The global demand for energy is projected to increase by more than thirty percent by 2035, but the supply of fossil fuels is finite and alternative energy sources must be explored. The search for the ultimate bioenergy source, one that is both sustainable and cost-effective, has attracted the attention of the fuel industry and governments worldwide. In particular, interest in microalgal-derived biofuels has increased rapidly and microalgal production systems have been suggested as a viable solution to the issue of fuel supply, as well as contributing to a reduction in carbon emissions to minimize climate change effects (Stephens et al. 2010a; Wijffels and Barbosa, 2010). The gap between microalgae technology and oil-based energy is mainly represented by production costs such as algae cultivation, harvesting and extraction. An improvement in microalgae-to-biomass conversion efficiency is therefore essential to make the system profitable (Dekker and Boekema, 2005; Jansson, 2000). Many efforts to improve microalgae biomass yield have focused on photosynthetic efficiency, though progress has been slow. This is mainly due to the many parameters that need to be optimised such as exposure to light, availability of nutrients, bioreactor design, strain selection and so on. Current screening capacities are limited due to large volume culture methods and the lack of accurate techniques for the high-throughput phenotypic analyses. It is therefore critical that better technologies for screening and optimisation of high-value strains are developed in order to meet the urgent need for alternative fuel supplies. To this end, this project has examined the feasibility of strain development of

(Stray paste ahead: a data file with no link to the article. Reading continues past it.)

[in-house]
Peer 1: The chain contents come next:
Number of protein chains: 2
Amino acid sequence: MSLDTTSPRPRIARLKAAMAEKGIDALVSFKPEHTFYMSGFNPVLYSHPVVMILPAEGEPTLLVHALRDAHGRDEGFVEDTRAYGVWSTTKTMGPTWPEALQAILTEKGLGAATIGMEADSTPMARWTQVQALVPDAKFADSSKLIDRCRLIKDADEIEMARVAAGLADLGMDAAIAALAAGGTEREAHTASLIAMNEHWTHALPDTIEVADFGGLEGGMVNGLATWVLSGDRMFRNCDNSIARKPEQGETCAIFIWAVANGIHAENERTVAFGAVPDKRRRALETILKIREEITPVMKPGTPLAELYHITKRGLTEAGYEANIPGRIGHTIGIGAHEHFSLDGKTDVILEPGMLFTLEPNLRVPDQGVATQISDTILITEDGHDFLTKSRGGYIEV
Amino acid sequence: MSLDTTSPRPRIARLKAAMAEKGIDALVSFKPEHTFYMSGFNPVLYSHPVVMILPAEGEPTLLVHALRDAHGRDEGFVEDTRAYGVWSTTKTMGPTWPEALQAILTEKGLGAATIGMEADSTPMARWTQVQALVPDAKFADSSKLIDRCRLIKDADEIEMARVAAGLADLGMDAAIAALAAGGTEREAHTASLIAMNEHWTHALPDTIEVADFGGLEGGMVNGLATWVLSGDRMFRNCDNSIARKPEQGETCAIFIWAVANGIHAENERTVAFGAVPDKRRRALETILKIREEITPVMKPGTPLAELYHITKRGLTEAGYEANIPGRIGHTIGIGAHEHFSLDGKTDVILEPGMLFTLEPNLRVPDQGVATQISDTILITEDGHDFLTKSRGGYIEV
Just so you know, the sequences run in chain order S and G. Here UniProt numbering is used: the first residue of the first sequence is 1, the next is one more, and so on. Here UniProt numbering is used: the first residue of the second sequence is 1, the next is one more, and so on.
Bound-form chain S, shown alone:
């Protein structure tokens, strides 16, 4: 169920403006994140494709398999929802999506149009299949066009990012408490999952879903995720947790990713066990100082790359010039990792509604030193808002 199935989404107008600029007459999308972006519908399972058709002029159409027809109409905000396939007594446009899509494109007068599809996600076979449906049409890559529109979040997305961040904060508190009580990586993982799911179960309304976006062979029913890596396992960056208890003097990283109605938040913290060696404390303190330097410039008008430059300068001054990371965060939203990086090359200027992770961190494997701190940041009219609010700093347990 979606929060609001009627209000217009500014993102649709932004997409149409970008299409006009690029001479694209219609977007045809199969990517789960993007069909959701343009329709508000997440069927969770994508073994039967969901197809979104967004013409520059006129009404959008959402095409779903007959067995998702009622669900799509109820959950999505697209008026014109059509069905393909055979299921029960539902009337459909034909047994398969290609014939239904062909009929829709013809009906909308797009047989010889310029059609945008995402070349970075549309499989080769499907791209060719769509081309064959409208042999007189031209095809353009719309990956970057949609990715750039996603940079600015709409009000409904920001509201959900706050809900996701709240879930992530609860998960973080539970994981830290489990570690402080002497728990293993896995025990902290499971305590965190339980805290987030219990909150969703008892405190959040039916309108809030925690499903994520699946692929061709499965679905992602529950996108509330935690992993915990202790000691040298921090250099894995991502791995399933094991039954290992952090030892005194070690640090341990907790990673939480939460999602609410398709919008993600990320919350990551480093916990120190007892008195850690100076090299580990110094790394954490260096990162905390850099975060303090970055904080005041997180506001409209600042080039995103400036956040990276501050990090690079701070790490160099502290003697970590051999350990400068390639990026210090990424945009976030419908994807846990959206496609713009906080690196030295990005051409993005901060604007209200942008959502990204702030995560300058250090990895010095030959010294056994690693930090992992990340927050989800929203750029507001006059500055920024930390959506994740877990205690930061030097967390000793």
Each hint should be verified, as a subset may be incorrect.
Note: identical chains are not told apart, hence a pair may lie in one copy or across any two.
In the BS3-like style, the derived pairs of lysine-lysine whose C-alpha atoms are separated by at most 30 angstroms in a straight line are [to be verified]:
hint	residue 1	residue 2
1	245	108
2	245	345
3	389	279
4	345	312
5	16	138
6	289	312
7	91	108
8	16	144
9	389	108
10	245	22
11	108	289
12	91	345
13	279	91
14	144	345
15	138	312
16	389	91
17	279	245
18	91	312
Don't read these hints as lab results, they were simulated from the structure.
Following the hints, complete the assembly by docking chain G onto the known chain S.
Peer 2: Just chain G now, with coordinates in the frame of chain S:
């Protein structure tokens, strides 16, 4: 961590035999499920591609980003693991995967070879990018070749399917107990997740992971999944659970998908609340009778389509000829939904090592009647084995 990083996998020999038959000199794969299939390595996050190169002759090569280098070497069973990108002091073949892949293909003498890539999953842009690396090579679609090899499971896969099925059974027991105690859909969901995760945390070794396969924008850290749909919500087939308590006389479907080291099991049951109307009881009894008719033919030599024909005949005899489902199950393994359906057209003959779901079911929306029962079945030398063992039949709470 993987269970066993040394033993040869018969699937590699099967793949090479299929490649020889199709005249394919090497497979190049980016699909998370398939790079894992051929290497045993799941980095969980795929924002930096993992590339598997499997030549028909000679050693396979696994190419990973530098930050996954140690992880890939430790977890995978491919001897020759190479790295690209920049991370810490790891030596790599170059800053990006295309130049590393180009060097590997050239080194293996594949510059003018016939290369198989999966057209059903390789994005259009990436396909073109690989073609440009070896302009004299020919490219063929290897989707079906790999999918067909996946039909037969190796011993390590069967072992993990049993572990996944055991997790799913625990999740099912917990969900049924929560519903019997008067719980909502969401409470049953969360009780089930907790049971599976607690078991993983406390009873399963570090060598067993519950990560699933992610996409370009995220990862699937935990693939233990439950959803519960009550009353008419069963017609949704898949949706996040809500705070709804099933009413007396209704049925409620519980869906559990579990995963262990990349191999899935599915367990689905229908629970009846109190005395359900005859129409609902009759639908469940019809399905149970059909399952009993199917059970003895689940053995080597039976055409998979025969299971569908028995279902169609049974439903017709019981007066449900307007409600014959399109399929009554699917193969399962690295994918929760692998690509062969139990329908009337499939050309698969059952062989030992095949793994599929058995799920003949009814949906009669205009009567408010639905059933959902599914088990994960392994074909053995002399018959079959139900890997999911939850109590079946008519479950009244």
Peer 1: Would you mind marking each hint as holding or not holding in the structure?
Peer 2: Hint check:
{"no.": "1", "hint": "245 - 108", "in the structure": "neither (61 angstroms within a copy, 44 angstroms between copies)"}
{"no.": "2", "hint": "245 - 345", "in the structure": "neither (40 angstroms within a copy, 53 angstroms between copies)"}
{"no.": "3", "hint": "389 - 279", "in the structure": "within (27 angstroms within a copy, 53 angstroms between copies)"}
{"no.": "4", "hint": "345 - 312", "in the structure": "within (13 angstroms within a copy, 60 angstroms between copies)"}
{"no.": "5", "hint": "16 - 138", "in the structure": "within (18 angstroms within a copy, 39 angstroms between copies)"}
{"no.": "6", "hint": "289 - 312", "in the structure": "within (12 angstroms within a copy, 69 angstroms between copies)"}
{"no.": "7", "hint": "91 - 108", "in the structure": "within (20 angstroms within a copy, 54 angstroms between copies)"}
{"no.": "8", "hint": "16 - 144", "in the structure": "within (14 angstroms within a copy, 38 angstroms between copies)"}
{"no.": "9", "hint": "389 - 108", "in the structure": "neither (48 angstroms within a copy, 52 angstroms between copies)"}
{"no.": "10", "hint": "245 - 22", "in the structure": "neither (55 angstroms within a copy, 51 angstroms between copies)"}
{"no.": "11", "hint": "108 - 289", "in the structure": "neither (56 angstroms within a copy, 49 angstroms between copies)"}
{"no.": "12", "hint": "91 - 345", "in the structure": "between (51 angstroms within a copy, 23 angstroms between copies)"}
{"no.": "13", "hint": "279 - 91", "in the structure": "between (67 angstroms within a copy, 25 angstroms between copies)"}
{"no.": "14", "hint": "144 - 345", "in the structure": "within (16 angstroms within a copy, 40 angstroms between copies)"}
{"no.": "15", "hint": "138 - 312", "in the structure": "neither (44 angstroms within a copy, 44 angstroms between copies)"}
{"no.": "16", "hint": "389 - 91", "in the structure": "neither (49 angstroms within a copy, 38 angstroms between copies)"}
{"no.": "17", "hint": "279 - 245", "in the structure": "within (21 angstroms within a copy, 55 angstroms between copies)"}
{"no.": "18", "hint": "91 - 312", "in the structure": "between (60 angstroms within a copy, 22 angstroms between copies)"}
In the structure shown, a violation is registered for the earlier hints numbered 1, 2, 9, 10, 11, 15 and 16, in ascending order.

Chlamydomonas reinhardtii grown in microculture format and explored the potential of high-throughput methods to analyse important parameters such as antenna size, energy loss and biomass yield. Chapter one provides an overview of the photosynthesis generally as well as a more detailed introduction concerning components of the light reaction and how these may be altered to increase biomass yield. The specific aims and significance of the thesis are also presented. Chapter two investigates the physical limitations on maximal growth rate in microculture, including light penetration and intensity, path length, shaking speed, cell density and volume. From this, it became clear that the existing technique for the estimation of biomass yield was not suitable for small volumes. Hence, chapter three presents a novel method based on flow cytometry to accurately estimate biomass in small volume cultures (Chioccioli et al., in review). This method is amenable to high-throughput analyses and is therefore suitable for the large-scale screening and optimisation of microalgae strains. Chapter four explores the use of flow cytometry to analyse a range of other important parameters. Small antennae mutants were identified based on low fluorescence as a means to quickly screen large numbers of putative mutants following mutagenesis. Dynamic regulation of chlorophyll content and growth cycle in response to different light intensities was also analysed via flow cytometry in order to identify the optimal light intensity for biomass accumulation. Finally, we applied these data to investigate the response of wild-type and small antennae mutant Stm3LR3 to varying light intensities over time and again used flow cytometry as well as quantitative real time PCR in order to analyse the regulation of the light capture and biomass yield. Chapter five provides a summary of the key conclusions of the thesis. Overall, this thesis has provided a proof-of-concept for the scale-up of microalgae phenotypic analysis based on flow cytometry as the principal assay. This technique has provided an accurate high-throughput method to monitor a range of biological processes including biomass yield, antennae regulation, growth cycle dynamics and light regulation. The application of these findings lies in large-scale microalgae strain development and will therefore serve to advance the identification of novel, high quantity biomass-producing strains. The optimisation of biomass production is important not just for the development of biofuels such as oil, methane, ethanol and hydrogen, but also for the development of other high-value biomass products, biomass animal and fish feeds, and for targeted protein expression.